In my twenties and thirties, I thought about transitioning to another gender, or at least out of masculinity. It really didn’t seem like such a good idea, the masculinity. But the transition seemed impossible. I knew transwomen. I knew what they had been through. Transwomen had told me their stories, and I had read some others. Some of the stories I heard from young transwomen were particularly moving.
I lived in Kings Cross, in Sydney for a while. It is a particularly difficult place to park a car. I got in the habit of parking it in Premier Lane. At the time it was known as Tranny Lane. Trans sex workers sat on the cars there, smoking cigarettes. They sat on my car. I didn’t object. Sometimes we talked. Lives a lot harder than mine would ever be, and yet they were managing at least to live as who they were.
The stories transwomen told me about childhood moments often had things that chimed with me. I remember being naked in my room, acting out superhero characters I made up, based on whatever objects were to hand. I took a plastic child’s bow from a bow and arrow set and put it around my waist, the string at the back, the bow like invisible wings, curved around the belly. With a cartoon flash that went right through me, my gender changed. Bow Girl was a she.
The second worst thing that happened when I was little, aged about six, was that my father took me on his knee and told me that my mother was dead. It was a very different sort of flash that went through me. Not one where I became someone else. One where I became nothing at all. That was the second worst thing I remember.
The worst was a different sort of moment. I hadn’t thought about it for a long time. I told my therapist about it and burst into tears. It is strange what leaves the most impression. In the scale of things that can happen to a child it isn’t all that bad. Except to me.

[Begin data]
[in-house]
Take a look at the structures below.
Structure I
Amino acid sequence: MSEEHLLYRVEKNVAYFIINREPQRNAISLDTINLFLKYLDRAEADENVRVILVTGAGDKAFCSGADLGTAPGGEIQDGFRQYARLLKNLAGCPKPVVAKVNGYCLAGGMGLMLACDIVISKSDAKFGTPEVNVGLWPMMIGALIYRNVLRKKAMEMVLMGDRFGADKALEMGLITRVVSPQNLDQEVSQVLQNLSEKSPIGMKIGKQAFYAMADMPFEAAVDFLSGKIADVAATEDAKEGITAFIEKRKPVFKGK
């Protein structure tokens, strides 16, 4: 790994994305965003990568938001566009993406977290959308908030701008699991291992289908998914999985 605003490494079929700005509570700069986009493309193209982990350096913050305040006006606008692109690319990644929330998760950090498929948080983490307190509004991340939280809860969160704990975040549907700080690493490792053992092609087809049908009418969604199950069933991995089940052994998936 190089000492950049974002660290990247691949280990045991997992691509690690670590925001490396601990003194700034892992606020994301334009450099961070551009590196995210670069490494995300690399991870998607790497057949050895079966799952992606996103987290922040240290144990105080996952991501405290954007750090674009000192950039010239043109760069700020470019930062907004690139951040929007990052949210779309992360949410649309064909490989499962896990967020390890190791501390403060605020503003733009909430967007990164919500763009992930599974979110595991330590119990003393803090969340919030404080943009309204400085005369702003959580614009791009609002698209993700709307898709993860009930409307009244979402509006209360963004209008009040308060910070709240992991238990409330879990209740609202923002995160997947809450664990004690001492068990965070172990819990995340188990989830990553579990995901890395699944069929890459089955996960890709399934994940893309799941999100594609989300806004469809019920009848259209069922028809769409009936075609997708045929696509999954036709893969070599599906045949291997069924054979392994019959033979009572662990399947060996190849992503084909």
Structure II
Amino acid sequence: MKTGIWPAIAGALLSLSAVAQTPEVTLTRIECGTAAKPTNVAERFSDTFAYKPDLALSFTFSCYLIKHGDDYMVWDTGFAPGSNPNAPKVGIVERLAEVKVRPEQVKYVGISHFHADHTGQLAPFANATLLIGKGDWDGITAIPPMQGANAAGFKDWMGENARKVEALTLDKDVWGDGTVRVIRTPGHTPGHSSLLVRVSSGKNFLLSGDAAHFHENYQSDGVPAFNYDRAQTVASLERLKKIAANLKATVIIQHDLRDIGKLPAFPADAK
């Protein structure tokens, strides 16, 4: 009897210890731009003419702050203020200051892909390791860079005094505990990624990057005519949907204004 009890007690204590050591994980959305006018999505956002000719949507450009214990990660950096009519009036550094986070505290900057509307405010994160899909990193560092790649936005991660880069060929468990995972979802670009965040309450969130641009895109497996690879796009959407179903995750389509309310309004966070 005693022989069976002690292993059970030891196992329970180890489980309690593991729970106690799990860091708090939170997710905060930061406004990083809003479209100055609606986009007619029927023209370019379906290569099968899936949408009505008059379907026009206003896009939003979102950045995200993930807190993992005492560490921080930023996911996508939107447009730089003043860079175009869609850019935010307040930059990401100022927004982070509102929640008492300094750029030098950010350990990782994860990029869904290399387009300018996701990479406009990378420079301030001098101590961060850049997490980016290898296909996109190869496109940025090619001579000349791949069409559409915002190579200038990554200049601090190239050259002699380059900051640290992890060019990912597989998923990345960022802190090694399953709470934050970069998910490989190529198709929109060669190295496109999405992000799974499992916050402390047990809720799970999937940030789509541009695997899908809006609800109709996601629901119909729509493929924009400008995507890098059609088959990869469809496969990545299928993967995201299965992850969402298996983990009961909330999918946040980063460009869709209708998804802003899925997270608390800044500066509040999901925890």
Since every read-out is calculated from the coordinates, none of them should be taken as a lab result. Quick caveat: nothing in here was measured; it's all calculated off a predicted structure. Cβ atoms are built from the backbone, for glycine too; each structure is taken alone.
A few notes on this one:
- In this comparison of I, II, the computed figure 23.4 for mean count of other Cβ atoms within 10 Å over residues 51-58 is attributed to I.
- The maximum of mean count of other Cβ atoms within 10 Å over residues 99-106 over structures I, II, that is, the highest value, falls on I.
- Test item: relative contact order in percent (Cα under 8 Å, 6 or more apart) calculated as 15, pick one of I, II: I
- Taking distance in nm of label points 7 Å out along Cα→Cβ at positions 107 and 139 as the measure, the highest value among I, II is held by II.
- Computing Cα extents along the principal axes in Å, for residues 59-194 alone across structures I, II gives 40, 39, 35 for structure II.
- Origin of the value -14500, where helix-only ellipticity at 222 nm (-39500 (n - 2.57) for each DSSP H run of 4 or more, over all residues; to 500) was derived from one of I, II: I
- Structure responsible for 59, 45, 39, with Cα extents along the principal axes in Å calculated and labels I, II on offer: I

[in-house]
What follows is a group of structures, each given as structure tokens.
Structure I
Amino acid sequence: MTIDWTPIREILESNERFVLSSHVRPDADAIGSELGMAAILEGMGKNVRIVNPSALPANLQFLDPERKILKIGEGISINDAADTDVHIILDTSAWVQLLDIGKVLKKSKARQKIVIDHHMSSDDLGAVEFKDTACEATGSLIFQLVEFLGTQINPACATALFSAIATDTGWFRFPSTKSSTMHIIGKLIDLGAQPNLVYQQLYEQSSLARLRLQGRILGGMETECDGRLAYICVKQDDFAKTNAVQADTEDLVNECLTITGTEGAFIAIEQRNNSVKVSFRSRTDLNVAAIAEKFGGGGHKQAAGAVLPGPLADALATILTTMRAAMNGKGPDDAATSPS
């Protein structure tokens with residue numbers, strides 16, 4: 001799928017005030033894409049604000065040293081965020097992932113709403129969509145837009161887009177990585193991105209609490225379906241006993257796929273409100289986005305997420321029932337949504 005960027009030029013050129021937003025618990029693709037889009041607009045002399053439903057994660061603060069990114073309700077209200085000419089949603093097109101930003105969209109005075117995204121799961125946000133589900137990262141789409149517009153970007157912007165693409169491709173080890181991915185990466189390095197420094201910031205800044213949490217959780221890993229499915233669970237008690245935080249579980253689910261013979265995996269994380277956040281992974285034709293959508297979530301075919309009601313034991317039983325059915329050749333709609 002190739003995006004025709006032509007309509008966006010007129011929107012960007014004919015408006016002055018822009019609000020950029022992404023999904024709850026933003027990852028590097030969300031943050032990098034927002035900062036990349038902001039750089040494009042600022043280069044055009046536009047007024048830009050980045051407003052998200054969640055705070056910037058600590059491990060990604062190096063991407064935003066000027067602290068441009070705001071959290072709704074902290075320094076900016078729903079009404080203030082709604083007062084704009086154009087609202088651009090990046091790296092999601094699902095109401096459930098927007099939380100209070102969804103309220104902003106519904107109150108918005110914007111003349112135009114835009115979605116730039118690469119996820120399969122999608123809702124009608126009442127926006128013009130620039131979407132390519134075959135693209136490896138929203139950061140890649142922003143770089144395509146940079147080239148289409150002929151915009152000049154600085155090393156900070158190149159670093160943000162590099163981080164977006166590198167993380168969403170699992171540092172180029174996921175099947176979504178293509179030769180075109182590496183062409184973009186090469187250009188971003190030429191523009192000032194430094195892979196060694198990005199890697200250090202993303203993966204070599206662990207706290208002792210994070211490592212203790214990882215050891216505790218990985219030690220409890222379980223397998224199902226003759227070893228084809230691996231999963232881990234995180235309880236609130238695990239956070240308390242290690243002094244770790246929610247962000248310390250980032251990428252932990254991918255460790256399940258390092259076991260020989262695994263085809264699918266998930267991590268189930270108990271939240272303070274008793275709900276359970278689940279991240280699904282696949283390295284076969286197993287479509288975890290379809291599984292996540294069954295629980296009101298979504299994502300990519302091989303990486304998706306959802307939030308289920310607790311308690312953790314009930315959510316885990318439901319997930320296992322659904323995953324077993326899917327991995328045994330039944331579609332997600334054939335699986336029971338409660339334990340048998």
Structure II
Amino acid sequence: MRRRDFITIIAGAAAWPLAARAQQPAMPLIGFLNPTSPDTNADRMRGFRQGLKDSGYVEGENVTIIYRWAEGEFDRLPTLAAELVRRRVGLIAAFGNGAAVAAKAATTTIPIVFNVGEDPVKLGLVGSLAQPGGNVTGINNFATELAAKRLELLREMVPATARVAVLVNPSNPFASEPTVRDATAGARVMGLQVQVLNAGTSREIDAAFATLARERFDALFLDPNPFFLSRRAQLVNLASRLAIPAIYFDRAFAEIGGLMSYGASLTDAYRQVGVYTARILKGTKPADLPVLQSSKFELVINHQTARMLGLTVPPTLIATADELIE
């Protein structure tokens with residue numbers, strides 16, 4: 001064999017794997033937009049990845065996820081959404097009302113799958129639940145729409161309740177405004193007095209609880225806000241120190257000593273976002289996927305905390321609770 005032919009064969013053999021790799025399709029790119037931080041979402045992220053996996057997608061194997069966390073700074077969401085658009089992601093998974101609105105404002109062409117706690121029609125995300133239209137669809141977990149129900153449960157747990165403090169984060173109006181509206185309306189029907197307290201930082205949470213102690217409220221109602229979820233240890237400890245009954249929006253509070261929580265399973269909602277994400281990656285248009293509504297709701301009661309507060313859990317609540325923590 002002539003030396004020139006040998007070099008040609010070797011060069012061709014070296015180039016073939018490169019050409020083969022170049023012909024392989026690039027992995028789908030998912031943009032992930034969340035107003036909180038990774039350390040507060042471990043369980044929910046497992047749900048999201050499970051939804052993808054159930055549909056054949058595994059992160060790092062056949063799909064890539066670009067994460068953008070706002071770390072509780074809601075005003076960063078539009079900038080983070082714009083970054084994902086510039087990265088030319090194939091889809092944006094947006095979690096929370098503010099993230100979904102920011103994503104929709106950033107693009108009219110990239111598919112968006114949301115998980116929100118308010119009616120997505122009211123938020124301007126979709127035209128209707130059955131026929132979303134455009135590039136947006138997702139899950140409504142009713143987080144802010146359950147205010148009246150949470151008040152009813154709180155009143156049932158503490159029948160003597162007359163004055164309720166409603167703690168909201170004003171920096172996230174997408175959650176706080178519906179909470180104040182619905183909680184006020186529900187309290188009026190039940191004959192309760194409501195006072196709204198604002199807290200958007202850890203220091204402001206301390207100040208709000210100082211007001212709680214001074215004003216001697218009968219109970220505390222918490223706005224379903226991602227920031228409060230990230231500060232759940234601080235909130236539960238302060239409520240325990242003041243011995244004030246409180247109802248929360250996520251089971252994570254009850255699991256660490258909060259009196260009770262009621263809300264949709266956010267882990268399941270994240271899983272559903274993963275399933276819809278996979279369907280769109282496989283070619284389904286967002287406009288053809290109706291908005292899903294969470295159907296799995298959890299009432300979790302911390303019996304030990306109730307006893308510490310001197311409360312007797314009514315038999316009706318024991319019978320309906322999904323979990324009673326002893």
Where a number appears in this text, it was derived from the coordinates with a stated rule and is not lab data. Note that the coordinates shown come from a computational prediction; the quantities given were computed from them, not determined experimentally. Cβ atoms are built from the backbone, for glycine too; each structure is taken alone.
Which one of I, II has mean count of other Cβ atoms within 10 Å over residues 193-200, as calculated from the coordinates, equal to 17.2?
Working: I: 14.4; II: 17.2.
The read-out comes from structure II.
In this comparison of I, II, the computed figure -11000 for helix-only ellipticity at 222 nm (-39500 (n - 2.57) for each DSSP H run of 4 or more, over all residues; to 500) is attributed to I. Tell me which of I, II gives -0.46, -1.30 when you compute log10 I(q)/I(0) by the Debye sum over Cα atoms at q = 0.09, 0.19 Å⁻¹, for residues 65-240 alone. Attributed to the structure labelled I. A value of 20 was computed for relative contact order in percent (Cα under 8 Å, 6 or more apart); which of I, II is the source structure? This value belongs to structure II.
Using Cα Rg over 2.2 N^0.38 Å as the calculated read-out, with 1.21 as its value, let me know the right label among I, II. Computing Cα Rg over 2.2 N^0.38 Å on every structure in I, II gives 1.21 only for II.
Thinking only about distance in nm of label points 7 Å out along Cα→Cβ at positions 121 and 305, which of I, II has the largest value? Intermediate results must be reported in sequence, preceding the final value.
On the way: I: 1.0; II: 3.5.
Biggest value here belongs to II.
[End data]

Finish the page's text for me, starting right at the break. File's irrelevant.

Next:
This happened after my mother had died. I was in the hospital. Royal Newcastle Hospital: In those days it was right on Newcastle beach. Sometimes you could hear the waves. It got sold off. It’s apartments now. I was in the children’s ward. There were maybe thirty other kids in the ward, not counting those out on the balcony. It was after lights out.
The reason I was in hospital is that I was born with clubbed feet. Both feet turned inwards and pointed downwards. I’d had an operation on them as an infant, although I only know this from pictures and stories. I learned to walk with casts on both legs, apparently. There’s a picture of that time. I don’t look terribly happy about it. More like some grim determination to be bipedal.
There were various other attempts to fix these feet. I had to wear a contraption every night that they were strapped into, feet forced to point outwards. My father tried to save money by making the thing out of a toy Meccano building kit, but the nuts and screws kept coming lose, and tore the sheets. So he had to spring for the surgical appliance – and new sheets. That might be when I got the ones with cowboys on them. I wasn’t sure about cowboys.
There were cowboys on television. There’s a story about when my big brother and some other boys were playing cowboys and Indians, they made my big sister be the Indian, and tied her up. I pictured her dressed in fringed leather, bound in ropes. This seemed glamorous, as did bows and arrows. I always wanted the Indians to win. There just seemed something off about cowboys.
The foot-brace thing was a torment. I couldn’t close my eyes to fall asleep on my back. I still can’t. I would lie awake looking at the darkness. My room was very dark. I liked the swirling patterns the darkness made if I kept my eyes open. Everything visible could dissolve and swirl. Images emerged out of the patterns, and out of the images, stories. I still go to sleep this way sometimes.
The scariest show on television was the science fiction serial Dr Who. The most terrifying villains on Dr Who were the alien robot Daleks. I find it hard to believe how scary they seemed now. When my son and I visited the Dr Who Museum in London, not long ago, they had some actual Dalek used on the show, and we had our picture taken as if we were shooting Daleks with ray-guns. The Daleks are made out of bits of plywood, cardboard and glue.
When I was little, one of my favorite stories to tell myself while trying to get to sleep was about Daleks. I am tied up in a blank room. I must go to sleep. If I do not sleep, the Daleks will exterminate me. They come into the room over and over to check on me. I pretend to be asleep. Except there is one Dalek who is not like the others and who is my friend. This one is orange, unlike all the others. I don’t know where the colour came from, as our TV was black and white. This Dalek knows and accepts that I go to sleep with my eyes open, making patterns out of the invisible world.